The Supreme Court on September 6 gave a ray of hope to the LGBTQ community by decriminalising homosexuality. A ray of hope because it’s still a long road ahead for the community to realise its full rights as citizens of the country. The judges, while giving the verdict, talked about the irrationality of Section 377, personal liberty, and dignity of an individual. Justice D Y Chandrachud also commented on the neutral stand that the central government took in the case. This neutrality of the government reflects on the fact that politics always succumb to the popular prejudices of the society.
Democratic politics in real terms is a contest among different interest groups. Political parties while gathering support try to strike a balance between these different political interests. In this exercise, the majority often finds political support, but the ones whose interests are unacceptable throughout the social spectrum are left out. In a country which does not understand the concept of individual liberty, the rights for homosexuals are least likely to find support. This creates a situation where a section of the society is forced to build a movement from scratch.
The LGBT community started their movement for equal rights by coming out and accepting their identities in front of the society. But apart from the mindset of people they had to fight a legal battle as well, as the colonial-era Section 377 made the community criminals in the eyes of the law. Hence, the LGBT community took their cause to the courts, and in 2009 the Delhi High Court decriminalised homosexuality. However, Delhi HC’s order was reversed by the Supreme Court in 2013 as it found the order legally unsustainable. The legal battle was lost for the moment, and the political class too remained indifferent to their demands this whole time. But in the meantime, India had started accepting the concept of individual liberty and the LGBTQ community found support pouring in from various sections of the society. The significance of about individual liberty is important because the realisation of legal rights for LGBT is linked to another cause for individual freedom- the right to privacy. The Supreme Court on August 24, 2017, declared the right to privacy as a fundamental right. This judgment became the ground for the legality of homosexuality, and the court decided to revisit its previous 2013 judgement on the issue.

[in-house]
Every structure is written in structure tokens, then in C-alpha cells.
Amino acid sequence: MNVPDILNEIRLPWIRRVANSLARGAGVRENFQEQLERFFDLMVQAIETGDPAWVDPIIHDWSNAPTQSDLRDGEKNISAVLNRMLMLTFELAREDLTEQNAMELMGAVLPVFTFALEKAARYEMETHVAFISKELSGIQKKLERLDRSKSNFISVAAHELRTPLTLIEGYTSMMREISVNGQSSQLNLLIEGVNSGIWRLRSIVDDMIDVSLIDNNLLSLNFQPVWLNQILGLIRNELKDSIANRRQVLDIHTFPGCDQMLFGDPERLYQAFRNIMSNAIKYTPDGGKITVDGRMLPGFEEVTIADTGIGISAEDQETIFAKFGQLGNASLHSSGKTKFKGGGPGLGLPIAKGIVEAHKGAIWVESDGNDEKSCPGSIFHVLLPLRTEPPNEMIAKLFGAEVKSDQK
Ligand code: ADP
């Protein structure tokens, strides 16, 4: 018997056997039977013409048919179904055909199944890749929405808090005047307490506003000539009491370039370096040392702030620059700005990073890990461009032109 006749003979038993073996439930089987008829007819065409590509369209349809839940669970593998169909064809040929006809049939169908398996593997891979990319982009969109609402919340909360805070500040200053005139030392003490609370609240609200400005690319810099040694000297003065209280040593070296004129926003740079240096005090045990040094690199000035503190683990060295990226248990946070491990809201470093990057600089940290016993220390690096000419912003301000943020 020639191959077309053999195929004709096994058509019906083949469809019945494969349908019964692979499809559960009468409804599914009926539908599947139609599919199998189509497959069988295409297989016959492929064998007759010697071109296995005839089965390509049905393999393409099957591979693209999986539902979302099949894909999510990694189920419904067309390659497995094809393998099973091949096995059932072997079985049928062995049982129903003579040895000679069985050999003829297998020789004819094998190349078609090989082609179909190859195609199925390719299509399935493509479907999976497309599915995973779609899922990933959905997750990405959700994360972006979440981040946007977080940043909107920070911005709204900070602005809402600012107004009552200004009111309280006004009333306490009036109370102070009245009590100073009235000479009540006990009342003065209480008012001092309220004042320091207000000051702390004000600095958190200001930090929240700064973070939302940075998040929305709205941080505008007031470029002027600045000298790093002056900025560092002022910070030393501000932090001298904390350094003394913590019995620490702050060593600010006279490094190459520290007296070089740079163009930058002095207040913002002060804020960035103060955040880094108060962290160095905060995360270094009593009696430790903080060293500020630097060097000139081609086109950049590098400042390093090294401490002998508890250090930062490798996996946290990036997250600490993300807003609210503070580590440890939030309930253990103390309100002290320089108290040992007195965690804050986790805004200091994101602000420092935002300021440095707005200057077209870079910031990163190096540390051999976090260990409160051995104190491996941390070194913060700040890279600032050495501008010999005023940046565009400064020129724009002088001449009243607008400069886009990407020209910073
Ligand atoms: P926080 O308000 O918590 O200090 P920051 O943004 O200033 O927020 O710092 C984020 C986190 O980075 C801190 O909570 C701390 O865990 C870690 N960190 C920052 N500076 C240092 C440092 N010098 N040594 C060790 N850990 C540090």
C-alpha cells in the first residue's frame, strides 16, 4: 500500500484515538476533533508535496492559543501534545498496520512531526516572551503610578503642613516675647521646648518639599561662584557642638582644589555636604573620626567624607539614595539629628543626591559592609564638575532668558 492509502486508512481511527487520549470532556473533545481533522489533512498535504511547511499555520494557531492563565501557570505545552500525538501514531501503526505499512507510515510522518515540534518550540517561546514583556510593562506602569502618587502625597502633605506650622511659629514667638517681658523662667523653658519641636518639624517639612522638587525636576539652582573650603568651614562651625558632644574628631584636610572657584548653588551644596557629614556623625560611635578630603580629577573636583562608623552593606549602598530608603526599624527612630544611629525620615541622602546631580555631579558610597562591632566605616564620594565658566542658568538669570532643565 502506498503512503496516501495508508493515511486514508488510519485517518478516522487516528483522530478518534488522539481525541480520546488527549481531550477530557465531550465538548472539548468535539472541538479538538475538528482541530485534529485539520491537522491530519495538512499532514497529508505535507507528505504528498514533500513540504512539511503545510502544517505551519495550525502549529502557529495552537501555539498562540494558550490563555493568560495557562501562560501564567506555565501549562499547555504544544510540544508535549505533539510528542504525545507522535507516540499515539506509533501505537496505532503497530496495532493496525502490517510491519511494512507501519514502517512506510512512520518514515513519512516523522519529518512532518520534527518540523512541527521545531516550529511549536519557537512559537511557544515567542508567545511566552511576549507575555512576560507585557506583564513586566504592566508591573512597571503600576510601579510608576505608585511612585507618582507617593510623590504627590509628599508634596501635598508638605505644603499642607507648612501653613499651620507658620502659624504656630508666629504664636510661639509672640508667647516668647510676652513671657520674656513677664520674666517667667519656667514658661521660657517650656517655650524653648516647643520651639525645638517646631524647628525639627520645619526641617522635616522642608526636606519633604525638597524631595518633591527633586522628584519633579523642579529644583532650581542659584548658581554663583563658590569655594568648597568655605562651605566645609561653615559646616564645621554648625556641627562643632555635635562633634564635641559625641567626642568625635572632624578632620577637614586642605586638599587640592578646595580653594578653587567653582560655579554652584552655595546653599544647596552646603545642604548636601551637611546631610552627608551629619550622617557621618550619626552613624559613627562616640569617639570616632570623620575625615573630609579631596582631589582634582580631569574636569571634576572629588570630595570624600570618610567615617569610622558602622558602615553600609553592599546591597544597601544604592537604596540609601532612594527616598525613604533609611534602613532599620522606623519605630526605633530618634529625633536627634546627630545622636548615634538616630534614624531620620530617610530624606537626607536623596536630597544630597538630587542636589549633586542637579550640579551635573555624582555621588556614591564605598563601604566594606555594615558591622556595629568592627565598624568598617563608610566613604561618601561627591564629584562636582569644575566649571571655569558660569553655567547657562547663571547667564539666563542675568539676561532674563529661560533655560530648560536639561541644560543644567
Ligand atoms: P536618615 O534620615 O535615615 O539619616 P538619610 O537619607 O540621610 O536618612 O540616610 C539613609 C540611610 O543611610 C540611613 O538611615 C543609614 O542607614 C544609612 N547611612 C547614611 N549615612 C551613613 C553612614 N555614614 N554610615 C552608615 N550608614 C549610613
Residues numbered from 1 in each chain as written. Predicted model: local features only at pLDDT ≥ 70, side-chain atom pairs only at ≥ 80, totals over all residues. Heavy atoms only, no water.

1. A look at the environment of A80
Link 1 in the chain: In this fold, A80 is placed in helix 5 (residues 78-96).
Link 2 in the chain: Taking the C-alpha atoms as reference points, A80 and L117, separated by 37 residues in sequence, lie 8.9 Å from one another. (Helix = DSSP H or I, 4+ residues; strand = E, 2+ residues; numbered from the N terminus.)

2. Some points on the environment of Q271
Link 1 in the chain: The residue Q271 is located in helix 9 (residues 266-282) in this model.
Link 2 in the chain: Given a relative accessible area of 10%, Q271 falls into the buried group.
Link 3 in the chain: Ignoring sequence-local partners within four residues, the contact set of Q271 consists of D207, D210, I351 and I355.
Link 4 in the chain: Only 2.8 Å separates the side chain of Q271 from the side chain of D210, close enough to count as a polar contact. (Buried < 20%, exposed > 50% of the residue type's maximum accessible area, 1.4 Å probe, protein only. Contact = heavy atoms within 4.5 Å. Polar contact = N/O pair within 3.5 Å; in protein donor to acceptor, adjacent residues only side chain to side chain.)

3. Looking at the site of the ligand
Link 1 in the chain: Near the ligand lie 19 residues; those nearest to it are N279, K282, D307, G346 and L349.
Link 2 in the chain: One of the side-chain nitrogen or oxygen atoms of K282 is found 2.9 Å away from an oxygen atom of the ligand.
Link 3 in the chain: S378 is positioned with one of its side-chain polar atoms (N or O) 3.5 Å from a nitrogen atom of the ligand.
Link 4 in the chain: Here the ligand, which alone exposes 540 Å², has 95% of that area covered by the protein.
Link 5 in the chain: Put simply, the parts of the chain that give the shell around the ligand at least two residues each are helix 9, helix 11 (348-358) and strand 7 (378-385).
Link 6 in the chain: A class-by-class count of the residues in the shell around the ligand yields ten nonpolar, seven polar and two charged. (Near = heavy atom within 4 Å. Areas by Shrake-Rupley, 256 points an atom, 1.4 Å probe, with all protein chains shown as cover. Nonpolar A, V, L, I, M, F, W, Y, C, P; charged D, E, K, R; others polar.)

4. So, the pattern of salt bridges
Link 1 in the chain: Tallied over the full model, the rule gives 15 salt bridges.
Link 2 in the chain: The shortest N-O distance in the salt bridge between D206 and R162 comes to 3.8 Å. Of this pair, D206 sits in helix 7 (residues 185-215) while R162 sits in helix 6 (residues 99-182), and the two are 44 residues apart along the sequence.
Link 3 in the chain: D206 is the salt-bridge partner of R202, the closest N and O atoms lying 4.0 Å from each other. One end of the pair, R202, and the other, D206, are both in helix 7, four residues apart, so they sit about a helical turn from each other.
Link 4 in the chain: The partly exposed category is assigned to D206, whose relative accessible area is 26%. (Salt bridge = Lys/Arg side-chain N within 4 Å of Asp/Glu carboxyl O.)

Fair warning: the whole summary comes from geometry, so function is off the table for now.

During the latest hearings, the government’s neutral stand shows a peculiar aspect in the relationship between the government and the judiciary – government at times need the judiciary to save itself from the anger of its voters. Government’s decision of leaving the matter to the ‘wisdom of the court’ is an escape from legislating on the issue, a move which might not have gone well with their voter base. Over the years, the fight for gay rights did gather support from different sections but the supporters are still a minority and that too geographically dispersed. It is not enough for the government to go against the popular prejudices of its voters. But the government might have also sensed the futility of supporting those prejudices in the court and hence decided to exercise its last option of letting the court decide.
The supporters of the LGBT community did enough to bring the government from apathy to a neutral stand. Hence, even though there is still a long road ahead, given the social situation even this neutrality of the government is a victory for the movement on the political front. Similarly, the support which some of the current opposition parties after the verdict highlights that they have waited for the appropriate time. But despite this support, the fight for further rights of the community will be fought at the level of judiciary only, because the political class is unlikely to support their cause any further without any outside pressures as the prejudiced mindset remains a challenge.